“So the old Doctor found him in the late afternoon—his great strength shaken by rage and doubt; found him struggling like a beast in the trap.”

Nathaniel was greatly agitated as he faced the minister in the doorway. He moved unsteadily across the room, stumbling toward the chair Dan offered, and his hand shook so violently that his cane rattled against the window ledge, where he attempted to lay it—rattled and fell to the floor. He jumped in his seat at the sound. Dan picked up the cane and placed it on the table. Then the Elder found his voice—thin and trembling—and said, “I came about—about Brother Strong, you know.”

“Yes,” said Dan, a great pity for this good old man in his heart. “Did Judge Strong send anything?”

The Elder fumbled in his pocket and drew out an envelope. He extended it with shaking fingers to Dan, who opened it and examined the contents. Slowly he replaced them in the envelope and, looking at his visitor, waited.

Again the Elder found his voice and said with a little more self-control, “A bad business, Brother Matthews; too bad, too bad; poor Brother Strong!”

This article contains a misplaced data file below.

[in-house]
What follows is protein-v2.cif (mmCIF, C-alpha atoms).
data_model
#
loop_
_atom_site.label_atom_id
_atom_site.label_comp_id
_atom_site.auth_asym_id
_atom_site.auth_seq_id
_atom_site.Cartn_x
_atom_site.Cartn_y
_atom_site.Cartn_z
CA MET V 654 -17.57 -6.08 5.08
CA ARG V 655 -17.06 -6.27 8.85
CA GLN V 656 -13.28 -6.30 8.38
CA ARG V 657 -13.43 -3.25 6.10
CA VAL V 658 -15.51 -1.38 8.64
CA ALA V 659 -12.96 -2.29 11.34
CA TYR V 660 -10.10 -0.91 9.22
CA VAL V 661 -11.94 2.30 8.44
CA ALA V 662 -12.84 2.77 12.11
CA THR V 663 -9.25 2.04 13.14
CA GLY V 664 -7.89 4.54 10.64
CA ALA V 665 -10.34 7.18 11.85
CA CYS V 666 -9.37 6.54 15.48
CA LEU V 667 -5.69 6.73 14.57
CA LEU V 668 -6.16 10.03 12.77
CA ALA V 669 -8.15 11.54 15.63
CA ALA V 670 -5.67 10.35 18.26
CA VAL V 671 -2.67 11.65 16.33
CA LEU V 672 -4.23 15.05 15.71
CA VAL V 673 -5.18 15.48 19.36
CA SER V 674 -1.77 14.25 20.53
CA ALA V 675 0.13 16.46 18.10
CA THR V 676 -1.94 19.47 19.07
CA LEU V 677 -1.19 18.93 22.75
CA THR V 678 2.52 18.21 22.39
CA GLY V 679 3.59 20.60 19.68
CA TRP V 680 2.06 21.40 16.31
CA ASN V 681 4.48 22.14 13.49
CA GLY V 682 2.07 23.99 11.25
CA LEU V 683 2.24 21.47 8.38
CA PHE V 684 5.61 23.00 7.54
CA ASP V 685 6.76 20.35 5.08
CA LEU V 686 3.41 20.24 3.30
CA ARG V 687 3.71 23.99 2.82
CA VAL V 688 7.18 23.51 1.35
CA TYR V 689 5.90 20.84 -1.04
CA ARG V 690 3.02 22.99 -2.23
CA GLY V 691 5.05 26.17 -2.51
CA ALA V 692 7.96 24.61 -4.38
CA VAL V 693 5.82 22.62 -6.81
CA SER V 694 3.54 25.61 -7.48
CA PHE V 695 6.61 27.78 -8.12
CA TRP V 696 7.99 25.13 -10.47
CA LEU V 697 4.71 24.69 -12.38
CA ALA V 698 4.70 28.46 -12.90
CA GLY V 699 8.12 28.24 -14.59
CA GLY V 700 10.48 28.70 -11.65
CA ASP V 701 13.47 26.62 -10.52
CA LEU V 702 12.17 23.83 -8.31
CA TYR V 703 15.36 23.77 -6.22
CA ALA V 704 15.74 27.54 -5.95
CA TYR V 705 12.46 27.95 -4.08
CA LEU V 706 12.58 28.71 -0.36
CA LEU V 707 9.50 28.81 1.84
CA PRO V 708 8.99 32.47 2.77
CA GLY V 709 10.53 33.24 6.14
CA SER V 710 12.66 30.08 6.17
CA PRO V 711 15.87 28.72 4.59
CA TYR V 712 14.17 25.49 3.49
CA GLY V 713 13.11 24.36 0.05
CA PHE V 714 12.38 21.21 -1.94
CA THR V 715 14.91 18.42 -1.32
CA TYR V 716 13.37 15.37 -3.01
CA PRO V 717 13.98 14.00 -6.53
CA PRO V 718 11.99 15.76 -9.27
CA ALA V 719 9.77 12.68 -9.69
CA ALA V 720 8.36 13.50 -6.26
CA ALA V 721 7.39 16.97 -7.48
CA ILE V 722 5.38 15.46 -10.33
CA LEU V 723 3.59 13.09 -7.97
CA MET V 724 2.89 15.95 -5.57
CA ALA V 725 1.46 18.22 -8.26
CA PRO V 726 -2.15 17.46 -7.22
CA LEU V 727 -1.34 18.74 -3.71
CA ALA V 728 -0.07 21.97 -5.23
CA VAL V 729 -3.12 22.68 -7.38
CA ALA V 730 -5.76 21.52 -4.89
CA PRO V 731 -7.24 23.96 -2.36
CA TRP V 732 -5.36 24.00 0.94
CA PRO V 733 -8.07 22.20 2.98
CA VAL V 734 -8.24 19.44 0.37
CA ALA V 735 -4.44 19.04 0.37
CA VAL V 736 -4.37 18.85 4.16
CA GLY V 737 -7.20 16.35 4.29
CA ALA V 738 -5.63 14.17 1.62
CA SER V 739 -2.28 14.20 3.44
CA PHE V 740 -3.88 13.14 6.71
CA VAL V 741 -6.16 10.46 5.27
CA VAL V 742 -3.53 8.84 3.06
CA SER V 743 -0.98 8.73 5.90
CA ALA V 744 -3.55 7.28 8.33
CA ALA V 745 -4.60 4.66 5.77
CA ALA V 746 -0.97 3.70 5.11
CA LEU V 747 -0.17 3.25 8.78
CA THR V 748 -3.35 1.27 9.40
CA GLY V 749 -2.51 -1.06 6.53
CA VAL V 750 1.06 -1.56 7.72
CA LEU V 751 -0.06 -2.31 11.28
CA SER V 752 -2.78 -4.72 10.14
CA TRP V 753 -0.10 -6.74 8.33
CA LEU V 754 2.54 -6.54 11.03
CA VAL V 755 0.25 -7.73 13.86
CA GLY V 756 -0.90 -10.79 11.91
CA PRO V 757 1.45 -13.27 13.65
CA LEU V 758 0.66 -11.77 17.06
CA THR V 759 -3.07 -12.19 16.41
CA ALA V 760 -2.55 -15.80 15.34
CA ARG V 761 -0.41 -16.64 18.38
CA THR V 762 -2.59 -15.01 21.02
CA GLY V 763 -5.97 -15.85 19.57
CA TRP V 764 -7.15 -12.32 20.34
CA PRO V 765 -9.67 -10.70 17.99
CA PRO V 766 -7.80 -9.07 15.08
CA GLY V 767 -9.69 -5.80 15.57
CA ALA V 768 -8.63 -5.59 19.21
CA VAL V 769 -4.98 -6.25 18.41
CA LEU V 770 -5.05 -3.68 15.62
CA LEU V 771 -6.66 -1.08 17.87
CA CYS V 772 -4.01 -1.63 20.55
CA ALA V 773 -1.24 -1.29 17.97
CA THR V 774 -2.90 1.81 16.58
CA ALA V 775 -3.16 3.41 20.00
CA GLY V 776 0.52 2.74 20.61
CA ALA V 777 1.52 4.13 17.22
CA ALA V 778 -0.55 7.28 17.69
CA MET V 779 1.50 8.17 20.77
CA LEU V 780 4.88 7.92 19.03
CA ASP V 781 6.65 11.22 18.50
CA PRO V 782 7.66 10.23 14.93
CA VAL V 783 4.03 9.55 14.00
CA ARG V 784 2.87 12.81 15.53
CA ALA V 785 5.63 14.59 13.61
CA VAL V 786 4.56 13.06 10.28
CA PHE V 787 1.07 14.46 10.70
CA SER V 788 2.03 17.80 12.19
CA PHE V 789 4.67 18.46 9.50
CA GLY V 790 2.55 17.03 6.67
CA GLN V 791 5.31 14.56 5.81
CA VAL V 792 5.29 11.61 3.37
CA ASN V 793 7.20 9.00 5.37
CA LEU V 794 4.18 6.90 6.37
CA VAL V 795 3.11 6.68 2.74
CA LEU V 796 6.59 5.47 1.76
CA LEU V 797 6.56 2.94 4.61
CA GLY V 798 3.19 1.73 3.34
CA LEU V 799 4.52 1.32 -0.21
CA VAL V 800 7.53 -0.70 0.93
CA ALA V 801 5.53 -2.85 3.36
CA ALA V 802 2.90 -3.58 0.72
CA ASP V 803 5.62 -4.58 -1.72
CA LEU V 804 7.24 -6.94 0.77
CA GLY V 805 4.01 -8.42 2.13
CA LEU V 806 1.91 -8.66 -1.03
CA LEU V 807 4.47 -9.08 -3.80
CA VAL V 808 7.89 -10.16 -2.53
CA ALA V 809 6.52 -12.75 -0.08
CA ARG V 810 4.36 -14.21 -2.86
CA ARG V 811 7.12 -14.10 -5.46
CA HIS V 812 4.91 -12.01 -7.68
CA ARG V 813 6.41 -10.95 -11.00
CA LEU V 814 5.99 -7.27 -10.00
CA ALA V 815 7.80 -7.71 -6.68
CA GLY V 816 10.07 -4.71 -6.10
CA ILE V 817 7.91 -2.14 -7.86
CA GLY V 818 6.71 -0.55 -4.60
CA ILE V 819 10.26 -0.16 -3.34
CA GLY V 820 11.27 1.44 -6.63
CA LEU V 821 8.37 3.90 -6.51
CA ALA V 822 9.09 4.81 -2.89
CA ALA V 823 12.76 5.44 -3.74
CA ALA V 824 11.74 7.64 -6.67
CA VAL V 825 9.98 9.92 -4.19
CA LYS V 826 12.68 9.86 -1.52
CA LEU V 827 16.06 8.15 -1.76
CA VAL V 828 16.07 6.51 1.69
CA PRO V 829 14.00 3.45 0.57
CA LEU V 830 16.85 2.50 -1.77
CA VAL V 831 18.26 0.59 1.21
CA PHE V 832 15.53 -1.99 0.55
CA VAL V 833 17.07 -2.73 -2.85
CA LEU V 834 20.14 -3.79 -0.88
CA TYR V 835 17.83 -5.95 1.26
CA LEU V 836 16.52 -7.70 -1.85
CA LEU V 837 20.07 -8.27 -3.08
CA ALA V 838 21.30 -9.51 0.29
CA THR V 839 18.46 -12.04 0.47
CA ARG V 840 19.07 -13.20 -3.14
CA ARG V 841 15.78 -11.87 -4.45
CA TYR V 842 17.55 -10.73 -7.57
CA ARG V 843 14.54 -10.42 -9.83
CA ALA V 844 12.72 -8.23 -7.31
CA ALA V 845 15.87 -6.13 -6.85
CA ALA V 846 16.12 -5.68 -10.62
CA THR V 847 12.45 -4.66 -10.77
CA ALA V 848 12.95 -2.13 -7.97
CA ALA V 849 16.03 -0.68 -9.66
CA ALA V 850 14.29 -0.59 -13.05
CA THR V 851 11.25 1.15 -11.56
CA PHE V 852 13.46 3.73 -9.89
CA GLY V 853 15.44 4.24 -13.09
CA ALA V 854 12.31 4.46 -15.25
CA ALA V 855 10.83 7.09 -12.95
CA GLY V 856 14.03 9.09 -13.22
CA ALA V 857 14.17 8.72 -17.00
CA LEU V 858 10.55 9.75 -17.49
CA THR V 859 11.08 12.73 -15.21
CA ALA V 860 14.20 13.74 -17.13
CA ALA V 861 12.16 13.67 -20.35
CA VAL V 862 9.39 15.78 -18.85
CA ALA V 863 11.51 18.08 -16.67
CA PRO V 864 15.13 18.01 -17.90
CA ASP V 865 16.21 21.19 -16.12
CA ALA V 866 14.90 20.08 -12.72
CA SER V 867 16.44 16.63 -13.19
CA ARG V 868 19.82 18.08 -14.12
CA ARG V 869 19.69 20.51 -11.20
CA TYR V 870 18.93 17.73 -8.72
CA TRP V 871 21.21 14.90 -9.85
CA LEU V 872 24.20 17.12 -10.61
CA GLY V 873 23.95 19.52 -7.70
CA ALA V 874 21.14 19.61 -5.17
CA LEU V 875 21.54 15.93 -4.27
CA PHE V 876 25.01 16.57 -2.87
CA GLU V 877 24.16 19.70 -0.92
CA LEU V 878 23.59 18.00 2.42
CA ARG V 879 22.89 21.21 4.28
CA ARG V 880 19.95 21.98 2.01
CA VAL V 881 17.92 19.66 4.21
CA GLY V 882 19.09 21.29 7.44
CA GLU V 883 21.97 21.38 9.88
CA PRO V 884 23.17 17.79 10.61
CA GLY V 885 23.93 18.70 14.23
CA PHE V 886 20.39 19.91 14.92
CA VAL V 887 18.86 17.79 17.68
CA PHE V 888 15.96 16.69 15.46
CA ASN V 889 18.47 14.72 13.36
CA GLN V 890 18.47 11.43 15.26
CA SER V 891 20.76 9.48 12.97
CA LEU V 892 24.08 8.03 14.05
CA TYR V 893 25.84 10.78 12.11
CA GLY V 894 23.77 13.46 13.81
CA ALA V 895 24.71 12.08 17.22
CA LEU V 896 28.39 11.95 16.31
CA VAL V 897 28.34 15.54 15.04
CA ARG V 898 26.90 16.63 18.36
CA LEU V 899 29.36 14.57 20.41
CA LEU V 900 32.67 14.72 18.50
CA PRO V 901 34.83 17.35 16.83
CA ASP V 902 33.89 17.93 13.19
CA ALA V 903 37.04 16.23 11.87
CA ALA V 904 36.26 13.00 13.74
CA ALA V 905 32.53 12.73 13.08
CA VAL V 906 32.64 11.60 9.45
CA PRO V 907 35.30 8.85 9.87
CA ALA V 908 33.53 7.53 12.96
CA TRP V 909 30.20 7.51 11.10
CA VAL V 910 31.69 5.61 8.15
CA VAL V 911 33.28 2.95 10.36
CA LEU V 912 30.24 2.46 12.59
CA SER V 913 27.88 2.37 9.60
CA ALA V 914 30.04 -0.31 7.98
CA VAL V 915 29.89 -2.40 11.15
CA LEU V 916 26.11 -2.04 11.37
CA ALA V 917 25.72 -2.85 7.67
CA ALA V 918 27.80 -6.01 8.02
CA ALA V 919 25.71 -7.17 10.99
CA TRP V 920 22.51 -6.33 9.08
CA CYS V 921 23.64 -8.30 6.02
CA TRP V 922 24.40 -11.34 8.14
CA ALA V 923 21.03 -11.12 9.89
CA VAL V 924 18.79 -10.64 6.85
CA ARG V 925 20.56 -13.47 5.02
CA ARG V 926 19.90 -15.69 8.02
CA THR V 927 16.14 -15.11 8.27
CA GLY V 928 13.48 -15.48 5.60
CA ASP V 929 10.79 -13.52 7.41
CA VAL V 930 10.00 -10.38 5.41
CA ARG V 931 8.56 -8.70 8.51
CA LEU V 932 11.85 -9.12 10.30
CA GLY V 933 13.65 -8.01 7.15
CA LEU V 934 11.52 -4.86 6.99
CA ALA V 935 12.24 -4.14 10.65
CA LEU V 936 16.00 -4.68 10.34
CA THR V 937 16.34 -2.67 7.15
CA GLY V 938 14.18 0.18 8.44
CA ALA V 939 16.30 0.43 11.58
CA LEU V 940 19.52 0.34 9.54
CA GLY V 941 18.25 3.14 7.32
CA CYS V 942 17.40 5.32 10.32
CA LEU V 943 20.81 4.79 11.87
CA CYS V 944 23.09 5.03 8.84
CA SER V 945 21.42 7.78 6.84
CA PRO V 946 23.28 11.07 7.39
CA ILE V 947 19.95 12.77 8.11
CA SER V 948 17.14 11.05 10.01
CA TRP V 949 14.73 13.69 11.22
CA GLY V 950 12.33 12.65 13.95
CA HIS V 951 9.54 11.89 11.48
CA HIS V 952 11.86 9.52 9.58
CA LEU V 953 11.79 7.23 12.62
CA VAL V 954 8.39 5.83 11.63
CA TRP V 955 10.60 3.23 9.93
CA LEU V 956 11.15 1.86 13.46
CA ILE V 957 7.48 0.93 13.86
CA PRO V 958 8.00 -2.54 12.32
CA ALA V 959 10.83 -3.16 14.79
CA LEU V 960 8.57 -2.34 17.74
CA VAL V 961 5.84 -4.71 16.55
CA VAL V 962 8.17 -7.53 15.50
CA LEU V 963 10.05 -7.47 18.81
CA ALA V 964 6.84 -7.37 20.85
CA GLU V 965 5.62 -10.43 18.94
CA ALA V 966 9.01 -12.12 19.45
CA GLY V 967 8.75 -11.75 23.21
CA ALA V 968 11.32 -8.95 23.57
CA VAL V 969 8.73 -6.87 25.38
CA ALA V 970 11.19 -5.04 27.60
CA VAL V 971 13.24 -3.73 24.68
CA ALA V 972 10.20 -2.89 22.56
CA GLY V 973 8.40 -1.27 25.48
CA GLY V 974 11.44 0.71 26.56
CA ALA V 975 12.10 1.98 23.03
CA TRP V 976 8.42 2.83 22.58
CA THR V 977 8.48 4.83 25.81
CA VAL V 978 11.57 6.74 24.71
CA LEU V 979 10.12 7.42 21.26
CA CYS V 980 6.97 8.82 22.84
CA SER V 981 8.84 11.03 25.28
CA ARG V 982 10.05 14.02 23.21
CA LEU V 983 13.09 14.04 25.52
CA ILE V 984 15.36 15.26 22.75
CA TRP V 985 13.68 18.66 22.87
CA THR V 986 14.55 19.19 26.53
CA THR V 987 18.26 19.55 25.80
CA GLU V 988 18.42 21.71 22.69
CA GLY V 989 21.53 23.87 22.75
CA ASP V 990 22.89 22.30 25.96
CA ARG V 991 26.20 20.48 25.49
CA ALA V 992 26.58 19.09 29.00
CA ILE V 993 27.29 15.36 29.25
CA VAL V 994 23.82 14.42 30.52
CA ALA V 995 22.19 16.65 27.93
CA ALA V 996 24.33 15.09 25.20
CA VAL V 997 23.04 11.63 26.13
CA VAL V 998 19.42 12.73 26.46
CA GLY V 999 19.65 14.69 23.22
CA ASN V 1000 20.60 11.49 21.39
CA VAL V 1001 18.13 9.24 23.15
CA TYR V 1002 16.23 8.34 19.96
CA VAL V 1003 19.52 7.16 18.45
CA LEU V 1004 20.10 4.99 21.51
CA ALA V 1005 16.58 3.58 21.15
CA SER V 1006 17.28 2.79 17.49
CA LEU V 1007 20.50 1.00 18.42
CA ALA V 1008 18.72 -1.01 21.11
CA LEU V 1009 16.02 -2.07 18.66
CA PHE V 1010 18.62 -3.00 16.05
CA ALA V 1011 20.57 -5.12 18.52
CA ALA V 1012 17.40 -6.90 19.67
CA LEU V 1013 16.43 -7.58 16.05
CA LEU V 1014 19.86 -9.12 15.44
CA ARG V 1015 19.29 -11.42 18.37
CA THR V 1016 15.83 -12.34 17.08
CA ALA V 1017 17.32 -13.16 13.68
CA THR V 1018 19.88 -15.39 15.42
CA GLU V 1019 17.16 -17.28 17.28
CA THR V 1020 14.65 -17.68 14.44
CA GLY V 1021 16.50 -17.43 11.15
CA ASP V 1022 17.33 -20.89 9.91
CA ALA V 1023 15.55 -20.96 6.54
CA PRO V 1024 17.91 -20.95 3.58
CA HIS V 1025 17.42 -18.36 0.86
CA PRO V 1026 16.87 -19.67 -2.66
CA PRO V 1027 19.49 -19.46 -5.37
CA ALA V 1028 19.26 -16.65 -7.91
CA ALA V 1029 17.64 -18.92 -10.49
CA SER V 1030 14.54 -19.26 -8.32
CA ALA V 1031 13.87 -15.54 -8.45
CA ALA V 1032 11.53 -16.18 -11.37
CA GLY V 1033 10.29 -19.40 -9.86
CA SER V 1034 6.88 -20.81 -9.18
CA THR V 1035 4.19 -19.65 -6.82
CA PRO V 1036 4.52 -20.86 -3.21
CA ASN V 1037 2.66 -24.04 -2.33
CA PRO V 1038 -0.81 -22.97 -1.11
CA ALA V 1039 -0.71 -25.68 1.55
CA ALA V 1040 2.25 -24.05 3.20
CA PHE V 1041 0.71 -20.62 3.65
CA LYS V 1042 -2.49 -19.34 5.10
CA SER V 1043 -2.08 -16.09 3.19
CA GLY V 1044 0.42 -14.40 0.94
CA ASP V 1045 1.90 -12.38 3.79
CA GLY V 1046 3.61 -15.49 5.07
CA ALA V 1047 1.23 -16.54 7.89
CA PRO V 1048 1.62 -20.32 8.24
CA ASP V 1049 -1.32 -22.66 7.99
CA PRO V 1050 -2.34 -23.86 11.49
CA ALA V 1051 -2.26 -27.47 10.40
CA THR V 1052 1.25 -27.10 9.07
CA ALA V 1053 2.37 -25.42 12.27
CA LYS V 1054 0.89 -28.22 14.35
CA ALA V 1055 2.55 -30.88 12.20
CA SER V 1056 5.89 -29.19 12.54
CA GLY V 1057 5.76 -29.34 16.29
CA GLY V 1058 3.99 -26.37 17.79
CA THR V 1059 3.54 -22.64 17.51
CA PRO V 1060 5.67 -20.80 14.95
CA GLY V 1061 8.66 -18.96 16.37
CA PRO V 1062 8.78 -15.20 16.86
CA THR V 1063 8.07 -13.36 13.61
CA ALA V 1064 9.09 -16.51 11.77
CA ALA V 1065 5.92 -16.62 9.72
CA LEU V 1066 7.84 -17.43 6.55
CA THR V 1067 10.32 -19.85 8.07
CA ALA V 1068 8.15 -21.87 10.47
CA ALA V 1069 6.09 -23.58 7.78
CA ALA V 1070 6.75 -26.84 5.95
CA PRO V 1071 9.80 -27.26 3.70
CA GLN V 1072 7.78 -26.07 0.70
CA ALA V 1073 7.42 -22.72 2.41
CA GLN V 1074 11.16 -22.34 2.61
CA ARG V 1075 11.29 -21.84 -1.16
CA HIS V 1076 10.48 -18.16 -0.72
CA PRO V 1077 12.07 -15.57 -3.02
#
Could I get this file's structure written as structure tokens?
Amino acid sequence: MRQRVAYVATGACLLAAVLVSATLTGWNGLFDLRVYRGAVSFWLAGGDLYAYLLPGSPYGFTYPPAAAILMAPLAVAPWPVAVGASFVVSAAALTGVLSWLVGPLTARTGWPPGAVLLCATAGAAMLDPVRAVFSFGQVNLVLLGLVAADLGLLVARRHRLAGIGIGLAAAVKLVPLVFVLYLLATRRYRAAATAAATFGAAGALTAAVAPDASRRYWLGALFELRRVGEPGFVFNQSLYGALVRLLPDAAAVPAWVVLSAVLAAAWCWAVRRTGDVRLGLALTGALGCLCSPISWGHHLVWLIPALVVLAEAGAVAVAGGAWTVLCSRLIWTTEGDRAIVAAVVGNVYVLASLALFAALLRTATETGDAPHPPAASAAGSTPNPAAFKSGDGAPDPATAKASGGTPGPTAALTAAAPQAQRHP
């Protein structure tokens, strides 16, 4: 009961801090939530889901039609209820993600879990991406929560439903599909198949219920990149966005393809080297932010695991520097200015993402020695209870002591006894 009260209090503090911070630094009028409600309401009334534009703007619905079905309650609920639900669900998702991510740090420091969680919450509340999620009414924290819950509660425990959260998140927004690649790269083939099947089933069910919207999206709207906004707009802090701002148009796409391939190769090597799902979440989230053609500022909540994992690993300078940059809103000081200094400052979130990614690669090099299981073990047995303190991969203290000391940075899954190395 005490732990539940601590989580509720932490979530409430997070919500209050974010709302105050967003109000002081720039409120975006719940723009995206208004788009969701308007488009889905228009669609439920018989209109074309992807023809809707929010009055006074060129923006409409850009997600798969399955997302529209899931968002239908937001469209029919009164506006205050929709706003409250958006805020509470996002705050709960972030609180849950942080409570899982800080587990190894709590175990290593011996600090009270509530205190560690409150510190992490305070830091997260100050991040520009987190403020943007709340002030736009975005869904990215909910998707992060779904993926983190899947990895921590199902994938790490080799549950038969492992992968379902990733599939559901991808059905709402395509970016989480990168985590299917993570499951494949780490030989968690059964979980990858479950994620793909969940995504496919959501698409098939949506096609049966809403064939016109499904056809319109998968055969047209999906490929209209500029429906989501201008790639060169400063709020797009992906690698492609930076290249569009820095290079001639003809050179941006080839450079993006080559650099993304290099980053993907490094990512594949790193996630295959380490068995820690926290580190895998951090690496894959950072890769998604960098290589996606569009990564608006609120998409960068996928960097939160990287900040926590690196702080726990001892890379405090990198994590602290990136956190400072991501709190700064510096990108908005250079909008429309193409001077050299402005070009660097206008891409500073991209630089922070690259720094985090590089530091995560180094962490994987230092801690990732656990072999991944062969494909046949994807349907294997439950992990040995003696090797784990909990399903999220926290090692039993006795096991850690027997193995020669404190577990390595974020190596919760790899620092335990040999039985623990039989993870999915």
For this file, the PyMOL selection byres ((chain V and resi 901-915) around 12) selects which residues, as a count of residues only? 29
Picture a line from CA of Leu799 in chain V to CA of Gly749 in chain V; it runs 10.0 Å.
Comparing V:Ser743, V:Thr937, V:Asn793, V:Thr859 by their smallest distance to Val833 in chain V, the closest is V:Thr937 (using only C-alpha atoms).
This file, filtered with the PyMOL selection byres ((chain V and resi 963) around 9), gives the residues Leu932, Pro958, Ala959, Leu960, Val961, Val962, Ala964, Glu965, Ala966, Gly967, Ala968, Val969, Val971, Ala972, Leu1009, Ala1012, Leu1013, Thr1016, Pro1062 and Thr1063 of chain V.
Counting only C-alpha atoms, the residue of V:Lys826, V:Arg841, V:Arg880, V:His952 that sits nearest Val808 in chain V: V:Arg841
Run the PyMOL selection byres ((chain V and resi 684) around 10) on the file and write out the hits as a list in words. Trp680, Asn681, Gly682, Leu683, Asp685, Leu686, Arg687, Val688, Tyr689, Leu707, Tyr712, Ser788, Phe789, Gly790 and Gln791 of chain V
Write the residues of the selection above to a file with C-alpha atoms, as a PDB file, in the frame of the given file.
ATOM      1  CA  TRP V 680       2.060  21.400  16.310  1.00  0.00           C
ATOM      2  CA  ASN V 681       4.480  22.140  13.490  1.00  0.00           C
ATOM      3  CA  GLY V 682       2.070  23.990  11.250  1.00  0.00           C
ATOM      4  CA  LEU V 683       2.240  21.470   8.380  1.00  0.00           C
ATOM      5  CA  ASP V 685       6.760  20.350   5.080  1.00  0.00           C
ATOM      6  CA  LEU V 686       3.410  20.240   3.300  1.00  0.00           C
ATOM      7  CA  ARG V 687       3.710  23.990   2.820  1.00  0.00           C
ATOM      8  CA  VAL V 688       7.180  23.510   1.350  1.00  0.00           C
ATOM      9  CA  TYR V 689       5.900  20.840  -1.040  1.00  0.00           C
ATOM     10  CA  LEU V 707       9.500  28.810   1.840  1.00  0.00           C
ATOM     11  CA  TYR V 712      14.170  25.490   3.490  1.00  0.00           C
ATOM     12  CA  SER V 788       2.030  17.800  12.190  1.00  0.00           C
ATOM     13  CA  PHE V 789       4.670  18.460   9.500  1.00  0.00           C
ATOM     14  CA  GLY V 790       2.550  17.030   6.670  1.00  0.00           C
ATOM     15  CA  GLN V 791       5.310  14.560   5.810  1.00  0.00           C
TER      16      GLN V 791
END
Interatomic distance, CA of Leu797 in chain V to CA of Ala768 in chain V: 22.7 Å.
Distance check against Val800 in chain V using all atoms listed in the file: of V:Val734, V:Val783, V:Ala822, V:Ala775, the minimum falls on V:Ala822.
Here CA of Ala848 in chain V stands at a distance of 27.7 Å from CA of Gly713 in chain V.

He shook his head sadly. Dan looked at him curiously, but made no reply.

“Poor Brother Strong,” the Elder repeated. “Brother Matthews, I want to ask you to use your influence with these people to keep this sad affair from getting out. Do you think they will insist on—ah, on bringing action against Brother Strong now—now that he has—ah, complied with your request?”

“And why,” asked Dan, “should you wish the matter kept secret?”

The Elder gazed at him blankly. “Why? Why, on account of the church, of course. Judge Strong is one of our leading members—an Elder. He has been for years. It would ruin us—ruin us!”

“But,” said Dan coolly, “he is a thief. You must know that he stole this money. Here—,” he stretched forth his hand, holding the envelope, “here is his confession of guilt.”

The Elder's voice trembled again. “Brother Matthews! Brother Matthews! I—I protest! Such language, applied to an Elder is unchristian; you know the scripture?”

“Is it not true?” persisted Dan.

“Ahem! Brother Strong may have made a mistake, may—ah, have done wrong, but the church—the church; we must think of the good name of the cause! Coming so soon after the revival, too!”